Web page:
Around 3800 BC, Cypriot culture flourished with the first use of its native copper resources, a valuable material with which the island became synonymous. At the same time, there arose a highly distinctive Cypriot sculptural tradition comprising human representations in pottery and stone. Some figurines are recognisably pregnant or giving birth, and it can be argued that they all originally linked fertility with child-bearing. They may have been used as pendants or aids by women to help them deal with pregnancy and childbirth, and may have also held a more general symbolic value related to the fundamental survival and continuance of the community. Their categorisation as ‘Venus figurines’ feels particularly attractive in Cyprus since the island became the chief cult centre and mythological birthplace of Aphrodite/Venus by Classical times, but how far can we reliably ‘read back’ from later historical sources? More on Cyprus…
Another notable collection of female figurines comes from the Cycladic Islands of Aegean Greece, where an artistic high point in marble sculpture appeared in the Early Bronze Age around 2800 BC. Their form differs from earlier ‘Venus’ types by being noticeably slender and geometric, with smaller breasts, smooth planes and sharp angles. The arms and legs are well represented and the long neck supports an upward tilted head. Her whole form and posture appear lighter and more alert than her ponderous Stone Age predecessors, which could reflect a different view of women or a different view of the world in general. As such the Cycladic figurines remain important to a discussion of Bronze Age cultural changes, the difference between ‘old’ and ‘new’ religions, and the spread of Indo-European peoples. More on the Cyclades…
The Cretan Snake Goddess
The ‘Snake Goddess’ has become one of the most famous works of Minoan art, and a significant artefact in Minoan studies. Dated to about 1600 BC, when Minoan culture was flourishing on Crete, the original figurine was made of faience and stood to a height of 34cm. She is usually interpreted as representing either a goddess or a priestess, or as a magic charm and votive offering. Snakes can be linked, by comparison with ancient Egyptian and Greek beliefs, to earthly powers, rejuvenation and fertility. The figurine’s bare breasts might also link her with fertility.
When first discovered in 1903 the ‘Mother Goddess’ theory was fashionable and had begun to inspire ideas about matriarchies in ancient societies. Female representation in Minoan art is still central to discussions about gender roles in the past, and the so-called ‘Snake Goddess’ also stands on our present threshold of understanding between prehistoric and historic religion; that is, between the unwritten and the written past. More about Crete…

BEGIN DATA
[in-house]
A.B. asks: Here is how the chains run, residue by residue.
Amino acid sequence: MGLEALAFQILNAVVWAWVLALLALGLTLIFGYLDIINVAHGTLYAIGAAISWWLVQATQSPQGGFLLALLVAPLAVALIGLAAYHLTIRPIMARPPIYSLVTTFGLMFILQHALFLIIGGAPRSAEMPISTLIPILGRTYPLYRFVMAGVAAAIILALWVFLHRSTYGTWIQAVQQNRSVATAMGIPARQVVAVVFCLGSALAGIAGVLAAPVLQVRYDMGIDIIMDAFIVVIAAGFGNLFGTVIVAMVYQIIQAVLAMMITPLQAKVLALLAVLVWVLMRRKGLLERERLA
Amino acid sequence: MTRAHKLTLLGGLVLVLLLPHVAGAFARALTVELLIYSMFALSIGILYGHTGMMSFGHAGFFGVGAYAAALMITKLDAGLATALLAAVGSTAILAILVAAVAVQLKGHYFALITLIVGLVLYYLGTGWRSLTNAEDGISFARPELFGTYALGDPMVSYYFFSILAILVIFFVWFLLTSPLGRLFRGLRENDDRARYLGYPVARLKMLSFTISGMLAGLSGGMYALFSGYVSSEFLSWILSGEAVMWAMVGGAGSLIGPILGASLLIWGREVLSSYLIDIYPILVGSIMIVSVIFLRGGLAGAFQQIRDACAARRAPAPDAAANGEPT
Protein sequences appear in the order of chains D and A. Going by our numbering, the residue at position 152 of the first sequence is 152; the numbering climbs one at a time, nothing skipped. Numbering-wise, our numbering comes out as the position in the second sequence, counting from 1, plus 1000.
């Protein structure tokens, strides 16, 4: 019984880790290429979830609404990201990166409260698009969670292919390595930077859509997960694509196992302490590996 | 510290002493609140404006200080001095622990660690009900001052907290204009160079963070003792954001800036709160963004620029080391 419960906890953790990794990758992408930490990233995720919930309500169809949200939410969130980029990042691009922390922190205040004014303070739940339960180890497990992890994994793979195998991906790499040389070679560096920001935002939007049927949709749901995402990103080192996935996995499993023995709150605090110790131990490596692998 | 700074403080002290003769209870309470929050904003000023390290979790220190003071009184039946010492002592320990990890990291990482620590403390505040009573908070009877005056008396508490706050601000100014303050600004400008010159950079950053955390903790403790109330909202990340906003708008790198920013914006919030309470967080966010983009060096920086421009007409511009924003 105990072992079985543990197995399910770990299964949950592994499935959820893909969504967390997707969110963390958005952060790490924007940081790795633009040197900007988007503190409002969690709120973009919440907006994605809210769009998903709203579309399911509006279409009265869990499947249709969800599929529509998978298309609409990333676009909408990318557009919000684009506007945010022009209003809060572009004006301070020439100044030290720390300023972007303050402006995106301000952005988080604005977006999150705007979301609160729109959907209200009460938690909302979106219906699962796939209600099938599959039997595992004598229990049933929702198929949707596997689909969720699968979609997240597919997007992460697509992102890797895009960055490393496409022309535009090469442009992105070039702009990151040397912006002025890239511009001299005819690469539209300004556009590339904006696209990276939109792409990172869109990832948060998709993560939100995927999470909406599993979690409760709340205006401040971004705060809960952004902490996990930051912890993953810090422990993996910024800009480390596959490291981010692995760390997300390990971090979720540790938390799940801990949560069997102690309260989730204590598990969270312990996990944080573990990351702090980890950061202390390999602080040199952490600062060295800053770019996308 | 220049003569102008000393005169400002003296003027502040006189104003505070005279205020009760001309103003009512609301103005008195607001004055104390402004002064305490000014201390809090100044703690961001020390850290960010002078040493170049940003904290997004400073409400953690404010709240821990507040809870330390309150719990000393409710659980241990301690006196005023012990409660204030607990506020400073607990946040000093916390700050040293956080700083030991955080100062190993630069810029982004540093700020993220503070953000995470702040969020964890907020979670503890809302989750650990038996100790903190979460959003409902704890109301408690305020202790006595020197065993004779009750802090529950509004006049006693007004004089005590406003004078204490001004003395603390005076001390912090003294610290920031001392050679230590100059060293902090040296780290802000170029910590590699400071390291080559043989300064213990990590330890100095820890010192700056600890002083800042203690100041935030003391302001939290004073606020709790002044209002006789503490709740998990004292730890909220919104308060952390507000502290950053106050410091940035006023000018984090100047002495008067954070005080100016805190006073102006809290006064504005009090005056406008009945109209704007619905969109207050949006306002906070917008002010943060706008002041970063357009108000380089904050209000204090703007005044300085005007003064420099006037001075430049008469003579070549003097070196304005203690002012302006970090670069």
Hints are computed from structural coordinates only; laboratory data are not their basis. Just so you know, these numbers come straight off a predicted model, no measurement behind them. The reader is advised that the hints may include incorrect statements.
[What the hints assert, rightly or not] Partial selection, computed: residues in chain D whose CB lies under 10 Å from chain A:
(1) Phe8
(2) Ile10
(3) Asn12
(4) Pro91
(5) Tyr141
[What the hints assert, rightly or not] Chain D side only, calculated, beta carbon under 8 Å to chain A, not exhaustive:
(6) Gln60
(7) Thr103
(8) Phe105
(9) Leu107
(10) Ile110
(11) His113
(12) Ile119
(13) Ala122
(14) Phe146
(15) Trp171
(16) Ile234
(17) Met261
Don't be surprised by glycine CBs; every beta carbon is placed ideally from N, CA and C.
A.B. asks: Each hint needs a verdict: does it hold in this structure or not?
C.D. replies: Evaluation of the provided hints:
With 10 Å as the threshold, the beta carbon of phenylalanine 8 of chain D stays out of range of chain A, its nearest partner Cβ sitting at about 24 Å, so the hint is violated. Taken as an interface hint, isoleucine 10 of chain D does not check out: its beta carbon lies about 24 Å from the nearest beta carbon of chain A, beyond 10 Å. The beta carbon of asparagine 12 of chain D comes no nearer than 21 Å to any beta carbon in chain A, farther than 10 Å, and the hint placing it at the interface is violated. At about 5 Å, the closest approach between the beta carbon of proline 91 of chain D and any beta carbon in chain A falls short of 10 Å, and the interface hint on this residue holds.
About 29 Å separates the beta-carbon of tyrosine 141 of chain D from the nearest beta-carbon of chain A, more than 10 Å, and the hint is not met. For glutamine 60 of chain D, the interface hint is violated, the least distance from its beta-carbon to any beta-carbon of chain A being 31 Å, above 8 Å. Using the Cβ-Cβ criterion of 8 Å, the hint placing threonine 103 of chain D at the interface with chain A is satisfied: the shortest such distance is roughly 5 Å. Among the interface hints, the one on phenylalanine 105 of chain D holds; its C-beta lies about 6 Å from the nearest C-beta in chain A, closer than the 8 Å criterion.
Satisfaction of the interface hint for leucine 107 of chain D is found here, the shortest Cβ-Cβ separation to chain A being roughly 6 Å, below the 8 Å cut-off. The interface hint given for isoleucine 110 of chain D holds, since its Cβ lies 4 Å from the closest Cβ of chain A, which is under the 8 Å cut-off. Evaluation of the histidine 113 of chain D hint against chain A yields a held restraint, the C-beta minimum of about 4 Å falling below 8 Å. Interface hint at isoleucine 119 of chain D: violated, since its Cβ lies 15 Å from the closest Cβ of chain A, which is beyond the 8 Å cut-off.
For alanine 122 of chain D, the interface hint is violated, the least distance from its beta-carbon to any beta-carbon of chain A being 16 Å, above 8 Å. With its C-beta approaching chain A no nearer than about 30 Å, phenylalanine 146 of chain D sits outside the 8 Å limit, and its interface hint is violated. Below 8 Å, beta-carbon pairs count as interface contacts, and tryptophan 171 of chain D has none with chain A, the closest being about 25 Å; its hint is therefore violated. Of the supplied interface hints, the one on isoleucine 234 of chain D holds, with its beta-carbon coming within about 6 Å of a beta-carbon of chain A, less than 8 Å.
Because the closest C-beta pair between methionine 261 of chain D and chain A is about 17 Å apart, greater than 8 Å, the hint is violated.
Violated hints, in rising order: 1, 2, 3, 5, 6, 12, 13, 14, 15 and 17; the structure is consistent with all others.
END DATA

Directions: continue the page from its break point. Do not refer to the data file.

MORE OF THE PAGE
An apparent dominance of female representation in prehistoric art has been equated by some with female dominance or power in society, and to the existence of wide-ranging matriarchal or matrifocal societies prior to the emergence of patriarchies. Most archaeologists point out, however, that the artefactual record is incomplete and not fully representative or understood.
Fundamentally, any sacred status as goddesses does not necessarily imply increased social status for women, but modern feminist thinking is naturally keen to explore such perspectives. Mythology has often been used to support matriarchal theories by reading them as memories of earlier times when not only goddesses but also women in society were dominant. The myth of the Amazons, a tribe of female warriors, is a classic example although their actual existence remains debatable.
Different cultures, regions and states have forever created their own deities, and there have been cross-cultural equivalences and assimilations, so that by the time of the first written references to female deities there is already a bewildering array of names. The earliest sources are Sumerian and Egyptian texts of the third millennium BC which both indicate a polytheistic pantheon. Important goddesses such as Sumerian Inanna and Egyptian Mut, whilst not the only female deities, may have held ‘mother goddess’ status and seem to be ancestral or influential to later fertility goddesses such as Babylonian/Assyrian Ishtar, Phoenician Ashtart, Anatolian Cybele, and later Egyptian Isis.
The Artemis of Ephesus may also be included here; her famous statue with its multiple ‘breasts’ or ‘polymastic garment’ and its animal iconography is Roman in date but the Ephesian cult had earlier origins at the intersection between ancient Greek and Near Eastern cultures.
In Greek mythology Gaia was regarded as the primordial mother goddess of the Earth who brought forth the sky, Uranus. Together they were the ancestors of the Greek pantheon. The most popular mythological account of Aphrodite’s birth was that she arose from sea foam around Uranus’s castrated genitals to become the goddess of procreation, sexuality and feminine beauty. Ancient historians such as Herodotus and Pausanius recognised a Near Eastern derivation for Aphrodite in Assyrian and Phoenician fertility goddesses such as Ashtart. In the Graeco-Roman pantheon she acquired wide-ranging powers and epithets, but it is mainly her association with love and beauty that has inspired artists from Praxiteles to Botticelli, and has made her the world’s most famous nude.